Smartphones are a modern day catch-22. For one, it’s easier than ever to access, download, and share a wealth of information — while on the other hand, screens disrupt our sleep and social media messes with our mental health (among other things). And a new study suggests it gets worse for otherwise intuitive thinkers.

Intuitive thinking means people rely on their gut instinct and feelings to make decisions. These types of thinkers, researchers from the University of Waterloo found, also tend to use their smartphone’s search engine to look up information they may already know or could easily learn. On the other hand, analytical thinkers think less intuitively, more logically.

"Decades of research have revealed that humans are eager to avoid expending effort when problem-solving, and it seems likely that people will increasingly use their smartphones as an extended mind," Nathaniel Barr, study author and postdoctoral researcher at Waterloo, said in a press release.

Barr and his team compared these cognitive thinking types, as well as verbal and numeracy skills, to 660 participants' smartphone habits across three different studies. The participants who demonstrated greater cognitive skills and willingness to think analytically were the ones who used their phone’s search engine less. Those who thought more intuitively used their smartphone as an “extended mind,” or the primary source of information in their everyday lives.

Gordon Pennycook, co-author of the study, said these findings support an association between heavy smartphone use and lowered intelligence — but whether smartphones actually decrease intelligence is still up for debate.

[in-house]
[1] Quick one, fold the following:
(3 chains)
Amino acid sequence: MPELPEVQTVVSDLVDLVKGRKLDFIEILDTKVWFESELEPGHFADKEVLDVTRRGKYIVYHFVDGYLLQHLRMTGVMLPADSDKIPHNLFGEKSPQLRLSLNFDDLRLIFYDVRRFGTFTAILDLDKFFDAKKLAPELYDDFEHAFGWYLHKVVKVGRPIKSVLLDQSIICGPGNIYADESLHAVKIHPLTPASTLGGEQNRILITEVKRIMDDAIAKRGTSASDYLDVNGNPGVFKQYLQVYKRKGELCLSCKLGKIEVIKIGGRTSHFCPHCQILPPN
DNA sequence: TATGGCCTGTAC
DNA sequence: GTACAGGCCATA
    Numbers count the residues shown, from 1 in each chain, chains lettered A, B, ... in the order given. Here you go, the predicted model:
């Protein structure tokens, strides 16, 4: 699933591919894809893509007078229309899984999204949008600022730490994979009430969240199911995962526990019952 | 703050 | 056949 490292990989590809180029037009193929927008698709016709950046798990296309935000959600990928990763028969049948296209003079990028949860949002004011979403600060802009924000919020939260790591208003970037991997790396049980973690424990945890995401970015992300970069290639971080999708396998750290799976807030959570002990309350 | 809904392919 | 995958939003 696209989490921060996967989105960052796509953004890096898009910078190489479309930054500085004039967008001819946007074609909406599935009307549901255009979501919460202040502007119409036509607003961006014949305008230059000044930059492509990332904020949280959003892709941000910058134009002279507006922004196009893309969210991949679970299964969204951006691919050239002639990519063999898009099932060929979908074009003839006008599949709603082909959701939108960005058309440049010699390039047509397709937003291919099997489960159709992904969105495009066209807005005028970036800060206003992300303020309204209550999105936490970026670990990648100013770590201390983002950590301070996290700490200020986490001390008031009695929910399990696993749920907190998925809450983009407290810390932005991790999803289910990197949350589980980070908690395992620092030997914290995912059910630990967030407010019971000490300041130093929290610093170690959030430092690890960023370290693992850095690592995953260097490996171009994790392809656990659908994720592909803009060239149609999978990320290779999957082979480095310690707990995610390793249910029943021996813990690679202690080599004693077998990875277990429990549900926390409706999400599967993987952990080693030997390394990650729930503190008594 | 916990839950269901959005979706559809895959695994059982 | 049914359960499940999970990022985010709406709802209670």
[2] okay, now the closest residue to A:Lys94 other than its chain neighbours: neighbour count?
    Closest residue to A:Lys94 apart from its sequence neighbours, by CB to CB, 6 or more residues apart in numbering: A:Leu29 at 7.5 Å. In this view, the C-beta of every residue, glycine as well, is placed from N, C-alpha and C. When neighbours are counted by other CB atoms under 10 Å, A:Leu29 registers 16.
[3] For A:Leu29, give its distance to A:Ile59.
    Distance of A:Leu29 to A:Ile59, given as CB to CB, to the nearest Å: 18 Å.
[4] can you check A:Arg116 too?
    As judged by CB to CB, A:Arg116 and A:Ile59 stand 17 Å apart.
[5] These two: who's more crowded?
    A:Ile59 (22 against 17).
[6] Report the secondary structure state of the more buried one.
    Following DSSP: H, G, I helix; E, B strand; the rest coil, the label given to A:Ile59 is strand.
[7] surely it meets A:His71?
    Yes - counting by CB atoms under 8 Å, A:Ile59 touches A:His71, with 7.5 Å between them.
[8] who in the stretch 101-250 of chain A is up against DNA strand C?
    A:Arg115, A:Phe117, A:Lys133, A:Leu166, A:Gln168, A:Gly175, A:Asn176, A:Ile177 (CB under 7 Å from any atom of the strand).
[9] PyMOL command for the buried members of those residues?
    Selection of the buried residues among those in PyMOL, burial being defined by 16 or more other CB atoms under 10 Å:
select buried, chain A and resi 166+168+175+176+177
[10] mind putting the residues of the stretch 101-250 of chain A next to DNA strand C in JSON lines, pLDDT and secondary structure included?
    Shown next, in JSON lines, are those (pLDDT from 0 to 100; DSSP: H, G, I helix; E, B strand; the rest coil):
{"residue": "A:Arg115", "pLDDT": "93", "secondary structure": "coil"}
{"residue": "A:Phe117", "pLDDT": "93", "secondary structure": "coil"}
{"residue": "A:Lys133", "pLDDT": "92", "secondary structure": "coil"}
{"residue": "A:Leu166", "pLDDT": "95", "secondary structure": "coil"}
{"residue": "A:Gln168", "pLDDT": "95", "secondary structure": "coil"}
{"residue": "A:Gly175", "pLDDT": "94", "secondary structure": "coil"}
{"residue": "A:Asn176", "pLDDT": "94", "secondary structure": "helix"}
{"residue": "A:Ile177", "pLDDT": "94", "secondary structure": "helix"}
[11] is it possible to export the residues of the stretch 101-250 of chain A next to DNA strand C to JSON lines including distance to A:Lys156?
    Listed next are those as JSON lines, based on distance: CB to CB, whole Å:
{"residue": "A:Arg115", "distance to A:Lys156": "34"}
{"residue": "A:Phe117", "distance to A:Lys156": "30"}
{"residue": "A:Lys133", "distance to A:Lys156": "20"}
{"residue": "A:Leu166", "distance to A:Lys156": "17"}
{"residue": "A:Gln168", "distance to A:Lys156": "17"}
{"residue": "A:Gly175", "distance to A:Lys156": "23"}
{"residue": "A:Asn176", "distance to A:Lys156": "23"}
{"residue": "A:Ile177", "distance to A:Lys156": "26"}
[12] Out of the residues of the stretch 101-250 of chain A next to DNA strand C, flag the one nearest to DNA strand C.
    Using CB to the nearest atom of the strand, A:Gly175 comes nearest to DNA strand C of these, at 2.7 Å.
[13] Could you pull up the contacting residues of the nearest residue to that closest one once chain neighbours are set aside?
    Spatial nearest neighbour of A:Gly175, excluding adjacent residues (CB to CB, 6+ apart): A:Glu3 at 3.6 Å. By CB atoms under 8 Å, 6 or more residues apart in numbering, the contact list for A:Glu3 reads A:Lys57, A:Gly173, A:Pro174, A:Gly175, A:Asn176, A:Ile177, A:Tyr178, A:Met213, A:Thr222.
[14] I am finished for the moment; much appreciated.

The amount of time participants used their smartphones for social media and entertainment (and how prone they were to boredom) did not qualify of the study’s results.

"Our reliance on smartphones and other devices will likely only continue to rise," Barr said. "It's important to understand how smartphones affect and relate to human psychology before these technologies are so fully ingrained that it's hard to recall what life was like without them. We may already be at that point."

Critical thinking is an important skill to have, if not required in certain environments, so it wouldn’t hurt to build this muscle in the meantime. Don’t worry: It’s possible to do this without the formal, textbook lessons you might have received in school.

For example, visiting museums have been shown to improve critical thinking. One study found culture and art exposes a person to a diverse set of ideas, thus challenging them with different perspectives on human condition. Additional research shows crossword and Sudoku puzzles, plus strategy board games, boost critical thinking, too.

Source: Barr N, et al. The brain in your pocket: Evidence that Smartphones are used to supplant thinking. Computers in Human Behavior, 2015.